# How to implement interpolation by convolution for rotation of an image by an angle which is not a multiple of 90 degrees?

I know that the usual way to perform rotation of an image is to compute the new pixel coordinates by multiplying with a rotation matrix $$\begin{pmatrix}x_{rot} \\ y_{rot} \end{pmatrix} = \begin{pmatrix} cos(a) & -sin(a)\\ sin(a) & cos(a)\end{pmatrix} \begin{pmatrix}x \\ y \end{pmatrix}$$ and then, lets say for example for bilinear interpolation, to take the weighted average of the 4 closest pixel intensites (a neighborhood of pixels values located around $$\begin{pmatrix}x \\ y \end{pmatrix}$$) in the original image (looking "backwards"). Of course here the coordinates x,y, of the pixels are treated distinctly from the intensities at these x,y locations used to perform the weighted averages (i.e., it doesn't make sense to multiply pixel intensities by the rotation matrix nor does it make sense to average pixel coordinates, these are 2 distinct steps). (I put for angles "not a multiple of 90 degrees" since these obviously do not require interpolation).

My question is that I would be interested in a practical implementation (e.g. Matlab or python) of performing interpolation by convolution with an interpolation kernel, much like for image up-sampling (like in here: Why does upsampling and interpolation by convolution introduce a shift compared to imresize?), but for the case of rotations. I've heard/read that this could be done by some kind of matrix multiplication with a matrix filled with the convolution kernel arranged in some (at the moment mysterious way!) for me. I have absolutely no idea and wasn't able to find elsewhere how to do that but I know it can be very useful in some situations. Any ideas? If you have a mathematical formulation going along with the implementation this is very interesting also.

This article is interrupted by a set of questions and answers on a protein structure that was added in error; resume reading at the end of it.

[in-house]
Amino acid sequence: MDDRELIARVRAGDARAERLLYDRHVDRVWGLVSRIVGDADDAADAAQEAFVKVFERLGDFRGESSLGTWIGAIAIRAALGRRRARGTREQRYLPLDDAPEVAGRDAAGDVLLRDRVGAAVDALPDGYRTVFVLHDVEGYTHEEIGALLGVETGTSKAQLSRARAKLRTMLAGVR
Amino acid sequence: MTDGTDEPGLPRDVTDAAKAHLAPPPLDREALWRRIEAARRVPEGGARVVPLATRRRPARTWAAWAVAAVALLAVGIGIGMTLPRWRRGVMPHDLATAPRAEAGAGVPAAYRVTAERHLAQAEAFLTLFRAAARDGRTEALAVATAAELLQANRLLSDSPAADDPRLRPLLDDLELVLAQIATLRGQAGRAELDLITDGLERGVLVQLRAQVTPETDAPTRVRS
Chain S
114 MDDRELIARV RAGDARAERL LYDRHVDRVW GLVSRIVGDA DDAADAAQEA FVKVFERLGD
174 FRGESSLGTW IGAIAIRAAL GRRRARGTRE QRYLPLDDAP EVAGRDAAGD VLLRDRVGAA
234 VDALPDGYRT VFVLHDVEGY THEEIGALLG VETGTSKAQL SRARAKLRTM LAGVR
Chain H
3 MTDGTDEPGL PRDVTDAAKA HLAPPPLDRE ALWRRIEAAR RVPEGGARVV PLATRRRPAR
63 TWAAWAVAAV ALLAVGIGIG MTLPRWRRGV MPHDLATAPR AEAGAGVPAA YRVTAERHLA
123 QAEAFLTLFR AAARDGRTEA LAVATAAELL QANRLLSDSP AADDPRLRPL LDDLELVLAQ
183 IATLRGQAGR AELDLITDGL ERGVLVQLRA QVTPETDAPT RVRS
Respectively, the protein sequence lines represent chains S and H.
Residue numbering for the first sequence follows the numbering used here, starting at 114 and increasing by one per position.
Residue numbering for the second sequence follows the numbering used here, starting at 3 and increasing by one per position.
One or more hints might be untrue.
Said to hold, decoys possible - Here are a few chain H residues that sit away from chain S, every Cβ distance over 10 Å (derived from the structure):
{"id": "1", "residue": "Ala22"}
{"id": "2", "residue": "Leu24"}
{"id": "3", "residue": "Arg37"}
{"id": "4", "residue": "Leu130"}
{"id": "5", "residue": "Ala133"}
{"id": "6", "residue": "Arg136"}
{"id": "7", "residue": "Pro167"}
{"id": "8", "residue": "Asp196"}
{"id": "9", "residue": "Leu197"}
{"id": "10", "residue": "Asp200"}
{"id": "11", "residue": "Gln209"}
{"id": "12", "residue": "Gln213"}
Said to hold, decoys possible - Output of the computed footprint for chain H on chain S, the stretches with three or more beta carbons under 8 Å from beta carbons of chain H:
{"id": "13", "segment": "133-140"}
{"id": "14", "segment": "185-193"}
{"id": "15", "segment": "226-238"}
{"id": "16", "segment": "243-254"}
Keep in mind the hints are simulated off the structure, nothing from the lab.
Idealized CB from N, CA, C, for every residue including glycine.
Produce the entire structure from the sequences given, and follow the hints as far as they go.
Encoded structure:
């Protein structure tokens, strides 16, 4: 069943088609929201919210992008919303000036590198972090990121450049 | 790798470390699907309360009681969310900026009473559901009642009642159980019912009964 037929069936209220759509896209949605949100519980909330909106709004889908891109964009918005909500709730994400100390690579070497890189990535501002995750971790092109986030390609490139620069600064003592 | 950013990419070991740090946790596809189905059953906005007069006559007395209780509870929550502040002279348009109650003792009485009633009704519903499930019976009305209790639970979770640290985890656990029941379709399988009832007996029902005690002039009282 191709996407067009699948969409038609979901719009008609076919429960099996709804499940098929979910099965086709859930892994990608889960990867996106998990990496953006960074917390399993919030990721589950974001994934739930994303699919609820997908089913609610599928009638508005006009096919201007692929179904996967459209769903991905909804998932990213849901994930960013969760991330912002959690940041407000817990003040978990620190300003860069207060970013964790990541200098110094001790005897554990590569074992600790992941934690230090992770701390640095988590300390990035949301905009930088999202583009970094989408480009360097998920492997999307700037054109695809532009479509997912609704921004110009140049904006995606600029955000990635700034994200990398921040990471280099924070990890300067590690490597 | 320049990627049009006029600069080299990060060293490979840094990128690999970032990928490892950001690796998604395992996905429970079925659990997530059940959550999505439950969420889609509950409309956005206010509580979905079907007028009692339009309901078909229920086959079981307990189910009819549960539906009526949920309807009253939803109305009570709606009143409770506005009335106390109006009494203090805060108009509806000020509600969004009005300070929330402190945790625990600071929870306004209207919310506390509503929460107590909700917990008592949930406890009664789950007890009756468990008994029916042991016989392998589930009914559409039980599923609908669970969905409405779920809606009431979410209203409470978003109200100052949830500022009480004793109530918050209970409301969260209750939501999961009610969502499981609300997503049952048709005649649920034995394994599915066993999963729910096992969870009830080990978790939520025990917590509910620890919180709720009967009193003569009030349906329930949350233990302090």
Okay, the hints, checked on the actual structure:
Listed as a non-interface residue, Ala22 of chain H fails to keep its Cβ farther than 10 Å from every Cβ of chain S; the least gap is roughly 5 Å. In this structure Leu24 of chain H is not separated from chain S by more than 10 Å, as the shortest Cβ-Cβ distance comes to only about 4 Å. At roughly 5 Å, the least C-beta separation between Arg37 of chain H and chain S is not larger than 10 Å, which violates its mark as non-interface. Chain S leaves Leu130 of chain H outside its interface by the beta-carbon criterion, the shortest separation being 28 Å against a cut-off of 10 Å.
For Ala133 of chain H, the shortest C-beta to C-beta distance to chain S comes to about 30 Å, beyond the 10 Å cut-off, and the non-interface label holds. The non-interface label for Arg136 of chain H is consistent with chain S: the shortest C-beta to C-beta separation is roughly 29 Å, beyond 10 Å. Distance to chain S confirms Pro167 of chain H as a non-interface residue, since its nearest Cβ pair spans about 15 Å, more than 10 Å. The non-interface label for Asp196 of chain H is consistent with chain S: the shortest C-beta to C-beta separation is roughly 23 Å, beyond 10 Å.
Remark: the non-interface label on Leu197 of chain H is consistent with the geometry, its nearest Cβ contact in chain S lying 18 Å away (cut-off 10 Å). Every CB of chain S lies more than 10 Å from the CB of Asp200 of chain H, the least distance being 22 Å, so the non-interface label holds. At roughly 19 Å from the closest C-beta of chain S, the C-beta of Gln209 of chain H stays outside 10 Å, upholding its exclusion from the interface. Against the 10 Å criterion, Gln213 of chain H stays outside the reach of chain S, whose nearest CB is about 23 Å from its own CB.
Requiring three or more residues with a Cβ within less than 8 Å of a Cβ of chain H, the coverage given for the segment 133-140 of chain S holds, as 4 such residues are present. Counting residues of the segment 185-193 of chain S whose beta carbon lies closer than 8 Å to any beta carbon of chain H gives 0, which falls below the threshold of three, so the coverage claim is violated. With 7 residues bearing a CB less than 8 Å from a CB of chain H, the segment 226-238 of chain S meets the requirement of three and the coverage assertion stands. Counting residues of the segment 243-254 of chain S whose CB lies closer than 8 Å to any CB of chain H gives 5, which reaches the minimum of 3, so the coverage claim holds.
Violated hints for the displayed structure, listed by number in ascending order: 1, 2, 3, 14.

• You cannot do this with a convolution, because at each output pixel you need a different transformation. You can do it with a matrix multiplication (where the image is converted into a vector of length N, and the magic matrix is NxN), but that would be terribly inefficient. The better way to rotate is to apply 3 shearings in sequence. See for example here: ocf.berkeley.edu/~fricke/projects/israel/paeth/… Mar 30, 2022 at 21:57
• oh very interesting ok, yet if you have time and if you don't mind - even if inefficient i d be interested if you can explain how to build this "magic" matrix. I was sure you had the answer ! Mar 30, 2022 at 22:00
• I've never done it, it would take a bit of puzzling, I don't think I have time to figure it all out today. The process involves finding the 4 input pixels closest to the rotated location for each output pixel, and setting those values in the large matrix to the right weights to get linear interpolation. Mar 30, 2022 at 22:02
• ok sure I understand. If ever you have time i 'd be interested, and i will try on my side as well. The reason is that it might be interesting for some kind of optimization problem where everything is formulated in matrix form Mar 30, 2022 at 22:04